Let me ask you a question: Did you ever hear, or even play, a roller coaster simulation called Scream Machines? It was developed by Wounded Heart Interactive and first Demo Versions of it where, judging by the file dates, released in 2001, around the time NoLimits was also released to the public for the first time. Judging by the developers website, accessed using the WayBack Machine, the final version was released in 2006. It had graphics similar to what NoLimits offered at the time, it supports a wide variety of coaster models like Standard Sit Down coasters modeled after rides from companies like Arrow or Schwarzkopf, Wooden Coasters, Flying Coasters, Motorbike Coasters, Stand Up Coasters, Suspended and Inverted Coasters and even a Pipeline Coaster, a obscure model that was only ever prototyped by Arrow and build once by Intamin. It supported standard Lift Hills, Launches, Dueling- and Shuttle operating modes and even allowed for multiple Coasters in a single Map. There even seems to be a mode where you can manually operate the Coasters, however I was so far unable to get that one to work. Terrain could be edited while building a Coaster, which is a major improvement over NoLimits with it’s separate programs for doing that, and the Simulator and Editor where the same in general, again improving over NoLimits.
Considering all these features, why is it that Scream Machines is a mere, obscure footnote when it comes to Coaster Simulations and NoLimits is still going strong? Well, NoLimits simply is, and was even at the time, the overall better polished product. When riding a Coaster in Scream Machines transitions, especially for banking, often feel just a bit off and simply feel slightly wrong. It isn’t entirely terribly by any means, for some reason it just doesn’t feel as smooth as it should be. Another thing NoLimits is better at are the finer details, like i.e. brake assemblies. You always know what everything is supposed to be, it sometimes just feels like placeholder assets considering the lack of details and basic shapes used. Don’t get me wrong here, Scream Machines isn’t a broken, unusable mess, I even found some old Forum posts where people discussed if Scream Machines or NoLimits is the better Coaster Simulator.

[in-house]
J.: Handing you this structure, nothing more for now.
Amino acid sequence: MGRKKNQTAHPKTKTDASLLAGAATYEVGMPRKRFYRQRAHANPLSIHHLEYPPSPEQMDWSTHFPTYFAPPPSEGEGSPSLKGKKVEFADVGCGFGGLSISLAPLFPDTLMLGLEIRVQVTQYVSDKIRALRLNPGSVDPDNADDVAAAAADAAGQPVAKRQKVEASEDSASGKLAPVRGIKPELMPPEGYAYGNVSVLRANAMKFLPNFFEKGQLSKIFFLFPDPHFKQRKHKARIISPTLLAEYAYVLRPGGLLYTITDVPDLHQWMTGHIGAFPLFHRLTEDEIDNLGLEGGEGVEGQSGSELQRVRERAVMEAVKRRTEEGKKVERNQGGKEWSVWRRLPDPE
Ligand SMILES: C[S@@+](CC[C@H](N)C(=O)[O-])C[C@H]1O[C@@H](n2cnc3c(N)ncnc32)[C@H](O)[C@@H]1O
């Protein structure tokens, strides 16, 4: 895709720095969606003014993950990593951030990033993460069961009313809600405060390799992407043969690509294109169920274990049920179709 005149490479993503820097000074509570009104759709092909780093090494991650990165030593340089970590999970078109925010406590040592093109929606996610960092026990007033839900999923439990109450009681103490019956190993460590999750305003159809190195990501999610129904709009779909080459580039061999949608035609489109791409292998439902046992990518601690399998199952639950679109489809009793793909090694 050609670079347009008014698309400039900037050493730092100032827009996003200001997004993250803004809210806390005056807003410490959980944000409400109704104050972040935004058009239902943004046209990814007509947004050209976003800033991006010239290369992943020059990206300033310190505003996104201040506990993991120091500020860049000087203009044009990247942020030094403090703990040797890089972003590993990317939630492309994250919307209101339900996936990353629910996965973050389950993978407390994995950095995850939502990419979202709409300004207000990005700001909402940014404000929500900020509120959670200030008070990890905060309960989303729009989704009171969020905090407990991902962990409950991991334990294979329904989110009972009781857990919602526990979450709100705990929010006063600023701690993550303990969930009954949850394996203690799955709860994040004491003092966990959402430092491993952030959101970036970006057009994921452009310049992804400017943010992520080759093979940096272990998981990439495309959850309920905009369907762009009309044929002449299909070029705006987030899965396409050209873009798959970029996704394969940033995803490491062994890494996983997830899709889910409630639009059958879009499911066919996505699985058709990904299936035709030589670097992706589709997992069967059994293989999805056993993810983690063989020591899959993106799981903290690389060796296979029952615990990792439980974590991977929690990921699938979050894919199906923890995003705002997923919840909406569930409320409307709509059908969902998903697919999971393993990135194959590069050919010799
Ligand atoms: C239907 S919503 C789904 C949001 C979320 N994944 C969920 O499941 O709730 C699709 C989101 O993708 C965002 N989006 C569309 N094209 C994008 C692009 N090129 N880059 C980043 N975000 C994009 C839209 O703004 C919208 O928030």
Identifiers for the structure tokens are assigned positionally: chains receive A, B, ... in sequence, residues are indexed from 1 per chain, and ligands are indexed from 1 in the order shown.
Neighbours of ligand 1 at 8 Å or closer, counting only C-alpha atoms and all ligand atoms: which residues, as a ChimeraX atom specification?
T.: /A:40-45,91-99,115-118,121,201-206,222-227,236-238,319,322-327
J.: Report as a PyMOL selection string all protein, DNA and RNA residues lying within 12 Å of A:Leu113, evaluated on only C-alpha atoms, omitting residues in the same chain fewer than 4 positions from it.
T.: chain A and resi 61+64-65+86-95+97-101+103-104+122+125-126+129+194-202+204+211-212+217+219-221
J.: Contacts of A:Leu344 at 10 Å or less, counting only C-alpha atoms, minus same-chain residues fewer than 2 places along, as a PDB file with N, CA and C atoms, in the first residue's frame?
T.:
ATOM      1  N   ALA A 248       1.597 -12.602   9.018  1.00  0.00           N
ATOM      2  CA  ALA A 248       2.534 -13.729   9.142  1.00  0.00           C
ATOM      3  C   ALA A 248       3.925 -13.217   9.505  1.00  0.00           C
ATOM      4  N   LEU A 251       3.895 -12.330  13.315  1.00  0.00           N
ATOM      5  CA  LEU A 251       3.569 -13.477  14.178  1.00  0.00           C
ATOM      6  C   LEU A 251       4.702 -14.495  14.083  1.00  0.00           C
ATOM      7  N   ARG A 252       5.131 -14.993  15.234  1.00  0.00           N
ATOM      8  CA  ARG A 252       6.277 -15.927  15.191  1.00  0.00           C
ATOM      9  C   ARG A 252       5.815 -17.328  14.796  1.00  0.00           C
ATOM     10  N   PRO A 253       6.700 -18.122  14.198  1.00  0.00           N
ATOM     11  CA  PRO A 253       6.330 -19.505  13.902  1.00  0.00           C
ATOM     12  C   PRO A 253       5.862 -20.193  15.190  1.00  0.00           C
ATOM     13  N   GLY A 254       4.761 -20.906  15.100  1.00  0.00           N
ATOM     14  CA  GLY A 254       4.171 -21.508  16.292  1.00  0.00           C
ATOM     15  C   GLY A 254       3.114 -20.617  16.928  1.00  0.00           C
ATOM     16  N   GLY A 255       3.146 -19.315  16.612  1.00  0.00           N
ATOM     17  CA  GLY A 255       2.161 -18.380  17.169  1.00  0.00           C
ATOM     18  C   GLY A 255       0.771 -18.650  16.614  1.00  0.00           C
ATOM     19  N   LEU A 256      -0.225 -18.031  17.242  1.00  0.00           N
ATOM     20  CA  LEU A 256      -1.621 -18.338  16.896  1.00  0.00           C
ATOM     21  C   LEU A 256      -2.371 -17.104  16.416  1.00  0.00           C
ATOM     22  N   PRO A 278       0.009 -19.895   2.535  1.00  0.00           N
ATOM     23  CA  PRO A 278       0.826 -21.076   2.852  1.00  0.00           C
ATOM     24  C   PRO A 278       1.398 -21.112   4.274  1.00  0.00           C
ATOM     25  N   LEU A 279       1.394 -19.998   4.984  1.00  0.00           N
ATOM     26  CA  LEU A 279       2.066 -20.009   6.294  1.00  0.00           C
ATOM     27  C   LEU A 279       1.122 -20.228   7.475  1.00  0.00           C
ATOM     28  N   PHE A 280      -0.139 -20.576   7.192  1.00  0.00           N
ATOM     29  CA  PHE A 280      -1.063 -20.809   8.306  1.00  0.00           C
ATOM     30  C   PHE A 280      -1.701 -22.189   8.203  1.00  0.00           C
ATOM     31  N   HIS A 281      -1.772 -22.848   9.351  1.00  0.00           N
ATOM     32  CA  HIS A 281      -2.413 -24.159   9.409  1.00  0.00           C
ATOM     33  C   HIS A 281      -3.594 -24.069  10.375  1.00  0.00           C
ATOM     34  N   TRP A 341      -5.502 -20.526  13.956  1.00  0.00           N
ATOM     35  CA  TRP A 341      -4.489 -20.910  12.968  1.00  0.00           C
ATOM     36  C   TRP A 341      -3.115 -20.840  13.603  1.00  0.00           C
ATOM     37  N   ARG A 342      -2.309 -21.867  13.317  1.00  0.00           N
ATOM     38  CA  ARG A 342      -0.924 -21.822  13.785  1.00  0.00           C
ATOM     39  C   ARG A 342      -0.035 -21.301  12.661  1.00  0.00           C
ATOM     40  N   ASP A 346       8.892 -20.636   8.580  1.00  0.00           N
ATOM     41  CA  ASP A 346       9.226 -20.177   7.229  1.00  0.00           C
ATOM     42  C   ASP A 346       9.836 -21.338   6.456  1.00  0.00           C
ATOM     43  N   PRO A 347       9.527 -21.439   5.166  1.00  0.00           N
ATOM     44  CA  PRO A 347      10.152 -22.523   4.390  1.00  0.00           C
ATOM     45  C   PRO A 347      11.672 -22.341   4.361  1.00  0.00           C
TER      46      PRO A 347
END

If you are interested in trying Scream Machines, you can easily do that. Simply search for “Scream Machines game” or “Scream Machines Coaster Simulator” in your preferred search engine and you should easily find a working download for the Shareware Trial version of it, though depending on your operating system it might not work on your computer, it was worked on for the last time about 15 years ago after all. But what if you want the unlocked version of it? Well, you are out of luck then. The official website is offline since at least 2013, if not earlier, and the website that handled the sales doesn’t seem to exist anymore either. To my knowledge no physical release of Scream Machines was ever made. OK, there is no legit way of getting a unlocked copy anymore, what about a Key Generator then? If it was a popular game you might be able to find one, but since we are talking about a obscure, niche Simulator here, it seems that nobody ever cared enough to create one. From my own experience finding a working set of registration data is possible, but very hard to come by.
This is and always will be a risk with digital distribution of media. Yes, choosing a digital distribution was most likely the only reason why Scream Machines could be sold and developed further in the first place, but it’s still sad to see that someone who would be interested in purchasing it doesn’t have any option to do so what so ever. Any media that had a physical release at some point will always have a chance to be still accessible in the future, even if that means you have to track down a used copy and maybe even the hardware required to run it, but it is at least possible. And while Scream Machines isn’t entirely in the realm of lost media yet, the 30 Day Trial is still around after all, it is very close to it. I don’t want to hate on digital media here, I do use Bandcamp to discover new music frequently, I watch Movies and TV Shows on streaming services at least as often as I do on physical media and I use Steam to buy PC games for about a decade now. I can absolutely see the benefits of digital distribution, but I feel the risk of media becoming unavailable from one moment to the next should always be kept in mind.